(Image credits: all of the covers are from the blessed Good Reads, including the wonderful Dutch one with the pink flamingos. And if you're wondering what 'Bloody Miami' is all about, it's the (English) title of the French edition. The photo of Tom Wolfe in a blue blazer is by Tod Selby and is from Vanity Fair. The cartoon is from Esquire. The 'Tom Wolfe Gets Back to Blood' image — which looks like it's based on the Selby photo — is for a film about Wolfe researching the book and it's from Amazon. And I want to see it.)

Sunday, 14 July 2013

World War Z: More Than Just a Zombie Flick

I was looking forward to World War Z (which I stubbornly insist on pronouncing "World War Zed"). I expected it to be entertaining, cheesy fun. In fact, it knocked me out.

Within a short time I was thinking it was the best zombie movie ever made. But I soon realised it was much, much more than that. It's a classic thriller and looks set to make other summer blockbusters fade into significance.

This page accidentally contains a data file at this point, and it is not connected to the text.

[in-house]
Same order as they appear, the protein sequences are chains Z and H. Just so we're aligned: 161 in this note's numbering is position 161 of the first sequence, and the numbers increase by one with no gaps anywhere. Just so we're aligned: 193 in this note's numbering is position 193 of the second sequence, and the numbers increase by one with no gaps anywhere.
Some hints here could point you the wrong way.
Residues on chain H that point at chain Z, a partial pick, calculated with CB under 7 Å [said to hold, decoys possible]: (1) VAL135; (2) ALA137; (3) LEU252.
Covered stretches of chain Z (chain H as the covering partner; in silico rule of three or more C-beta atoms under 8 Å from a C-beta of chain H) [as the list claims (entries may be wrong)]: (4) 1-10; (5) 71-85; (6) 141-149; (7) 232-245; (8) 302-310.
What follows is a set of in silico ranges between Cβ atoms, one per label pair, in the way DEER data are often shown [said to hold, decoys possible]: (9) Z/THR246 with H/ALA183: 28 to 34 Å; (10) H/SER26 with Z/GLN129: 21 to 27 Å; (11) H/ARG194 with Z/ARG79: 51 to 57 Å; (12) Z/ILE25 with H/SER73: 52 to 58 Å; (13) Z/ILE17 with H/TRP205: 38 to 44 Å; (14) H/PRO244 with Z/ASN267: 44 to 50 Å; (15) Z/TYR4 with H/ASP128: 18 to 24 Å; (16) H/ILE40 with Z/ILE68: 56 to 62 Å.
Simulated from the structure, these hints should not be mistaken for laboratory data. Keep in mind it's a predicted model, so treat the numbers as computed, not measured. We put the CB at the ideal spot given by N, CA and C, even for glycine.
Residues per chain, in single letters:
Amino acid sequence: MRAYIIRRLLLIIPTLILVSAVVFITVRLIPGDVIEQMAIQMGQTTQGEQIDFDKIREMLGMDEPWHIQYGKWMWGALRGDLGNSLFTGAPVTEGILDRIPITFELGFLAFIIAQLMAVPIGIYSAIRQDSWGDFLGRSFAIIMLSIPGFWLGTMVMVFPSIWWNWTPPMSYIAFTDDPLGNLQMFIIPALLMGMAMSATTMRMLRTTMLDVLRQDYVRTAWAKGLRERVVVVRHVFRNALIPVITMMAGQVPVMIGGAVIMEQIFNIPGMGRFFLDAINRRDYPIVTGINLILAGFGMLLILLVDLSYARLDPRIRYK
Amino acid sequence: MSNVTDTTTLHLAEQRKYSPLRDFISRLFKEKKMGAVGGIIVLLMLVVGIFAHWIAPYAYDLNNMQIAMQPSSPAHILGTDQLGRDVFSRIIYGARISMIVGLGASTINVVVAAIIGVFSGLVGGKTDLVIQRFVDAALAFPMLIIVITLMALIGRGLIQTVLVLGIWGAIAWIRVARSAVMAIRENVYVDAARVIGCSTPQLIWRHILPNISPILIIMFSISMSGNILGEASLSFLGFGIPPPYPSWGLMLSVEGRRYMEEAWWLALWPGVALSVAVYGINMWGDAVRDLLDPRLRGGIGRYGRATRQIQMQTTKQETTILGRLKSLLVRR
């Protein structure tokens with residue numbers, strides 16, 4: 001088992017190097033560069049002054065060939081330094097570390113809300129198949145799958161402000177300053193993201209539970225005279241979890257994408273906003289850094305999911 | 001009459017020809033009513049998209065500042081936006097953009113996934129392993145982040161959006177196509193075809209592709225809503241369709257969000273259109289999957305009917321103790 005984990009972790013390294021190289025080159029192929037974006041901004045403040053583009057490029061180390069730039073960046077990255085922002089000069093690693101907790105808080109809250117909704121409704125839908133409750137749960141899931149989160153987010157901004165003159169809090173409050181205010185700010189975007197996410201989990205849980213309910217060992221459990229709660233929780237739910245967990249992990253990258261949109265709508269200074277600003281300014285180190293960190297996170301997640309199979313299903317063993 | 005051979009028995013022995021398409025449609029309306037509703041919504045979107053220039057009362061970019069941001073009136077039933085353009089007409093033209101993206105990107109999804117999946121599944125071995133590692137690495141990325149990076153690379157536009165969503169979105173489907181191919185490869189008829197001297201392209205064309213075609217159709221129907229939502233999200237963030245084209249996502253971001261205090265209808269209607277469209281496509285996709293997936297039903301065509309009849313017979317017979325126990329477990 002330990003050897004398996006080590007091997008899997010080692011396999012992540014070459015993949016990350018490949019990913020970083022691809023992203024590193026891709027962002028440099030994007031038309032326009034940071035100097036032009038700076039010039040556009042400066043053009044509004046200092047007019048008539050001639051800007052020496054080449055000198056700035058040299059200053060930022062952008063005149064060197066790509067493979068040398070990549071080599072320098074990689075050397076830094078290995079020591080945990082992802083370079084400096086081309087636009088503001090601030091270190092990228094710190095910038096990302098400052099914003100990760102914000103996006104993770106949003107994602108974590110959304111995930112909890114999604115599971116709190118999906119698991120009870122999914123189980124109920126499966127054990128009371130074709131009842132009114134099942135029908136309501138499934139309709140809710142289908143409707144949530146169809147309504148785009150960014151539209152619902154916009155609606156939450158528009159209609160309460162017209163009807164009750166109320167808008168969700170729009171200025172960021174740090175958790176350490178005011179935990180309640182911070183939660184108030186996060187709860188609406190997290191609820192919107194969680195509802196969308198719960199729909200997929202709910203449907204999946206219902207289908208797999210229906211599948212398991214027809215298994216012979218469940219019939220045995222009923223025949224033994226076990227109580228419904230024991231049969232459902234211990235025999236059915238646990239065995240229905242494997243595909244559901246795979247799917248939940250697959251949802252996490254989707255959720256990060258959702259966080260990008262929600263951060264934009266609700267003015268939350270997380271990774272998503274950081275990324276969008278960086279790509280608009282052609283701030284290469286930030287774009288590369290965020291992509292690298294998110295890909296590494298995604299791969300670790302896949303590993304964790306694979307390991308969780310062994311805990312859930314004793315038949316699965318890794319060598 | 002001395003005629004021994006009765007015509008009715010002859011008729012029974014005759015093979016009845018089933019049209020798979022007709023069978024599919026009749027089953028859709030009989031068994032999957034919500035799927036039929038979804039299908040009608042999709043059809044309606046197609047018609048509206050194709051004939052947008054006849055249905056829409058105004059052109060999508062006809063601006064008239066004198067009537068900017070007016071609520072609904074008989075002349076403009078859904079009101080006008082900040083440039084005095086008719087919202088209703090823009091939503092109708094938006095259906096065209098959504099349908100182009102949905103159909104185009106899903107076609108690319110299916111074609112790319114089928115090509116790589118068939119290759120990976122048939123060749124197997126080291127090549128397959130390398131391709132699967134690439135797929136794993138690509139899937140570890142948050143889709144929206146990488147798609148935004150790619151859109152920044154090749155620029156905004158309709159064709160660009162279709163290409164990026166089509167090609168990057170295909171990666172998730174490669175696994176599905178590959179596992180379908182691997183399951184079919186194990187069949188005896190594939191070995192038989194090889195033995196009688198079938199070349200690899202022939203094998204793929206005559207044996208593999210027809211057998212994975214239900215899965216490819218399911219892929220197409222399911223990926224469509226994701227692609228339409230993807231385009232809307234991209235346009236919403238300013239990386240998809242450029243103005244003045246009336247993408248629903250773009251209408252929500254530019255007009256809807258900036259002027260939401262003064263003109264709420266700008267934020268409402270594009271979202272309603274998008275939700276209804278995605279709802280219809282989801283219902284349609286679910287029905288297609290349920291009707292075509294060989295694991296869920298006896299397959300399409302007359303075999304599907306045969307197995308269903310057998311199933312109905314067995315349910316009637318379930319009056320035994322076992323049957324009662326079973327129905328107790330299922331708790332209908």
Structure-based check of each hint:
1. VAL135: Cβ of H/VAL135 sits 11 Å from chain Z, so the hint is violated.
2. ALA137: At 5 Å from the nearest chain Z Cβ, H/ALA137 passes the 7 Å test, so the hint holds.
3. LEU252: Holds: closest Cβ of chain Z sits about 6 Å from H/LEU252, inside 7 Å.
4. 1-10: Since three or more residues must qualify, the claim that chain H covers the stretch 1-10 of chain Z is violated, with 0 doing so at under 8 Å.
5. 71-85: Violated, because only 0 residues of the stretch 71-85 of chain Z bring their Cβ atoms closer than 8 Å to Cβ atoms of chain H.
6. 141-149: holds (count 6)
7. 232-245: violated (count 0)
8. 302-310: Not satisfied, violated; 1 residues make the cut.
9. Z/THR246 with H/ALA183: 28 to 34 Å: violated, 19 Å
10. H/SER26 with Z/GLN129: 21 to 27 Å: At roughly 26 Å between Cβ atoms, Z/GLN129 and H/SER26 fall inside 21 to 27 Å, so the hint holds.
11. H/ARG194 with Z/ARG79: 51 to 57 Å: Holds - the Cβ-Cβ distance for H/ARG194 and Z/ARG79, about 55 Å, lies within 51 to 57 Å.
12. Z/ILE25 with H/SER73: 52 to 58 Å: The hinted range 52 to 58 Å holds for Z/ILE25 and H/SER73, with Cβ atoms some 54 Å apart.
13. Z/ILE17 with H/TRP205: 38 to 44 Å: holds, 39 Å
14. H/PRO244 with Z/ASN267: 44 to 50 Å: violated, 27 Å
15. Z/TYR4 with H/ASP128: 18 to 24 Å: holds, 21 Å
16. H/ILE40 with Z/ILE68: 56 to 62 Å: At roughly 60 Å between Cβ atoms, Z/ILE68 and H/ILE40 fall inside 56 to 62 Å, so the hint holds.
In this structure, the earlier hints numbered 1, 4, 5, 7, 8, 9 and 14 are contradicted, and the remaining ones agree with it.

Part of its astonishing success is that it plays it straight, presenting a convincing picture of a world falling apart under a savage contagion. It's also a beautifully made film. In a way it's a pity it's a zombie movie, because a lot of people who would otherwise enjoy a brilliant thriller will avoid it. Of course, that's true of much science fiction. But zombies have a particularly sleazy pulp reputation — and they deserve it.

I won't linger on the Z-word. I'll just remark that this film follows the lead of 28 Days Later in making the zombies move fast (remember the days then they were lackadaisical shufflers, not Olympic class sprinting cadavers?) and actually goes one better by having the zombie infection also spread fast. The normal routine is that anyone bitten by these varmints has a lengthy fever and gradually transforms.